Why Haiti Isn't Getting Fixed

For all the hundreds of millions of dollars in aid that have gone to Haiti after the 8.0 earthquake that killed more than 200,000 and leveled an already decrepit infrastructure, there doesn’t seem to be a great deal of headway happening. Some 1.3 million people are still living in tents or on the streets and now a cholera epidemic is taking more lives. Obviously, the frustration both inside and outside the country is mounting, and people are wondering why – with all the aid, resources, and assistance flowing into the country, why isn’t it helping?

One word: Corruption. For far longer than the earthquake, Haiti has been a country riddled with corruption. Talk to leaders running humanitarian organizations, talk to journalists, or talk to everyday people and you get the same story – corruption is killing the recovery. I saw it when I was filming there more than 25 years ago, and you can still see it today.

That’s why it’s so hard to figure out why the United States and other countries who are pouring millions into the country won’t take a stronger position on the issue.

I spoke to a friend who heads a large orphanage in the country and she told me that corruption is stopping enormous amounts of her supplies. She has shipping containers coming into the country filled with food, medicine, and other critical supplies. They get delivered to her property, but can’t be opened until she pays a government official a bribe to make it happen. The Wall Street Journal has corroborated that story from others as well. The Rand Corporation reports that shipping through Haiti’s port costs about 35% more than developed countries. As reported in the Journal, former Haitian ambassador to the U.S., Raymond Joseph – who resigned in August – said, “The corruption situation in the ports was one of the major reasons I decided I could no longer defend this government.”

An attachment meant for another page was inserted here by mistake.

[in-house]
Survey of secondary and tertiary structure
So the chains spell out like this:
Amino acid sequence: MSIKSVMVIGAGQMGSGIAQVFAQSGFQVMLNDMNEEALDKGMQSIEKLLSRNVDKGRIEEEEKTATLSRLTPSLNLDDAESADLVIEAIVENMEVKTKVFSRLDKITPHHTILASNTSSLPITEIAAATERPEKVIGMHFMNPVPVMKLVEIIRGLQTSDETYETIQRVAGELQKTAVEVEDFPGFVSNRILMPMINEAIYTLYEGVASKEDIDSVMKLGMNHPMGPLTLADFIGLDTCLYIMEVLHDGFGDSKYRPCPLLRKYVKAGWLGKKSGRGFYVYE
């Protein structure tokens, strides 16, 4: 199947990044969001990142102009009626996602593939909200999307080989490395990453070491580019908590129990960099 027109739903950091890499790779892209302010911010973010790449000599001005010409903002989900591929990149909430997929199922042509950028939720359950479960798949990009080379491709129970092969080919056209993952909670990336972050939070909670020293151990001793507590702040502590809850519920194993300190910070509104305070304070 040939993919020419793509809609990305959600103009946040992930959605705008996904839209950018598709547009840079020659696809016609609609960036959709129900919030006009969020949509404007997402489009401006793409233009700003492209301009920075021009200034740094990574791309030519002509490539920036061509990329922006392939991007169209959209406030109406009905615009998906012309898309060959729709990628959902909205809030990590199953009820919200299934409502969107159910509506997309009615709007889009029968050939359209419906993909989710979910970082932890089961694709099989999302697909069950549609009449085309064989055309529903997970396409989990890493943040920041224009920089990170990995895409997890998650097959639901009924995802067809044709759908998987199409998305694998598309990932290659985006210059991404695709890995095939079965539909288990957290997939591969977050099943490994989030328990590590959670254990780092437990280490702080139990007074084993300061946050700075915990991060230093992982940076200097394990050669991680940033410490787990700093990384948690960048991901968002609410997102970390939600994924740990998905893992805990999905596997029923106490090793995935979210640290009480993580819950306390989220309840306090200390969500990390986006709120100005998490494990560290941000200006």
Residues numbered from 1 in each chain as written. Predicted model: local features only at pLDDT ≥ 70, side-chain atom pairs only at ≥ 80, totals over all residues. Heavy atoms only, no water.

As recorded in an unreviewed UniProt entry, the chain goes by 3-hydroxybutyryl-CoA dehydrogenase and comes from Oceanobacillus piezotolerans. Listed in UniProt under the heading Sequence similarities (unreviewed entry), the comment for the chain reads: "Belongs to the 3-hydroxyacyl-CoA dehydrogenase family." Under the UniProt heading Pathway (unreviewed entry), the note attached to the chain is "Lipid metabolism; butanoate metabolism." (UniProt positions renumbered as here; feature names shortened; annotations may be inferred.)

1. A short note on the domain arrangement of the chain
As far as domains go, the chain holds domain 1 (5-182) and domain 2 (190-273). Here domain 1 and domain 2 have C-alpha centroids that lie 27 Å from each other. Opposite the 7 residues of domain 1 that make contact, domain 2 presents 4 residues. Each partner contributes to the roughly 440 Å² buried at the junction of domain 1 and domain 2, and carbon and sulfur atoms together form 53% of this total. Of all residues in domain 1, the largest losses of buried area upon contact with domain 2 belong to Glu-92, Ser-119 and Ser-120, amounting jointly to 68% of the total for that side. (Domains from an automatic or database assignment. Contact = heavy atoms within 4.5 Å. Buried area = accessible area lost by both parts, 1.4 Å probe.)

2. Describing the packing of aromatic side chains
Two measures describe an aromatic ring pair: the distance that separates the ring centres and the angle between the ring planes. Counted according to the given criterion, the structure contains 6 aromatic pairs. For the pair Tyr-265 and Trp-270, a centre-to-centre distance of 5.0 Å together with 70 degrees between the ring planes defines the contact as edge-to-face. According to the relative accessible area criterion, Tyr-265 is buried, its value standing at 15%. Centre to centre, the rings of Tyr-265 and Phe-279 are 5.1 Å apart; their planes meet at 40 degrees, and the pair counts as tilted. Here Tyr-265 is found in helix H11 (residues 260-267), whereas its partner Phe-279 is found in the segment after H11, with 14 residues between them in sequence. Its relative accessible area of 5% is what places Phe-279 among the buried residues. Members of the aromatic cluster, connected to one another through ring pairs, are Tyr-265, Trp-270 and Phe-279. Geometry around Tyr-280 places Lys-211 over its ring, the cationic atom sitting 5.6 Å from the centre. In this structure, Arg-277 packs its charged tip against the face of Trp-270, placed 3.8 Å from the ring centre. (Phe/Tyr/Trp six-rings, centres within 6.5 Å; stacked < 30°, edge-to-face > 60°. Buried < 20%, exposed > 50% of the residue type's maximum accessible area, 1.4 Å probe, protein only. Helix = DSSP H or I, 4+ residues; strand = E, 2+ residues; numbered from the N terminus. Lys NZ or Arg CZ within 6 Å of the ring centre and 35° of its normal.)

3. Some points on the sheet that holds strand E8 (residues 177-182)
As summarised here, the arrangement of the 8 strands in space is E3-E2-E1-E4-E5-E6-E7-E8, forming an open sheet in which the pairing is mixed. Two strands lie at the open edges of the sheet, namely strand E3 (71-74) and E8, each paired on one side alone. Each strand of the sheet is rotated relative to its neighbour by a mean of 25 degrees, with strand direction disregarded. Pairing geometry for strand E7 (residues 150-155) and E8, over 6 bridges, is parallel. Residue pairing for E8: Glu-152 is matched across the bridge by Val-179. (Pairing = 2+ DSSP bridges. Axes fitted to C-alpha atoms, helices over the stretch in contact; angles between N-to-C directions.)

Even the TV program 60 Minutes reported that 6 containers heading to an NGO with building supplies was “stuck” in the port for more than 6 months and was only released after a $6,000 “storage fee” was paid.

It appears that Washington, other countries, and the United Nations have all refused to step in and act on this corruption. We keep shoveling money with much of it being diverted by corruption. Maybe it’s time we called our representatives in Washington and forced them to act.

Unless we do, it appears Haiti will only continue with “business as usual.”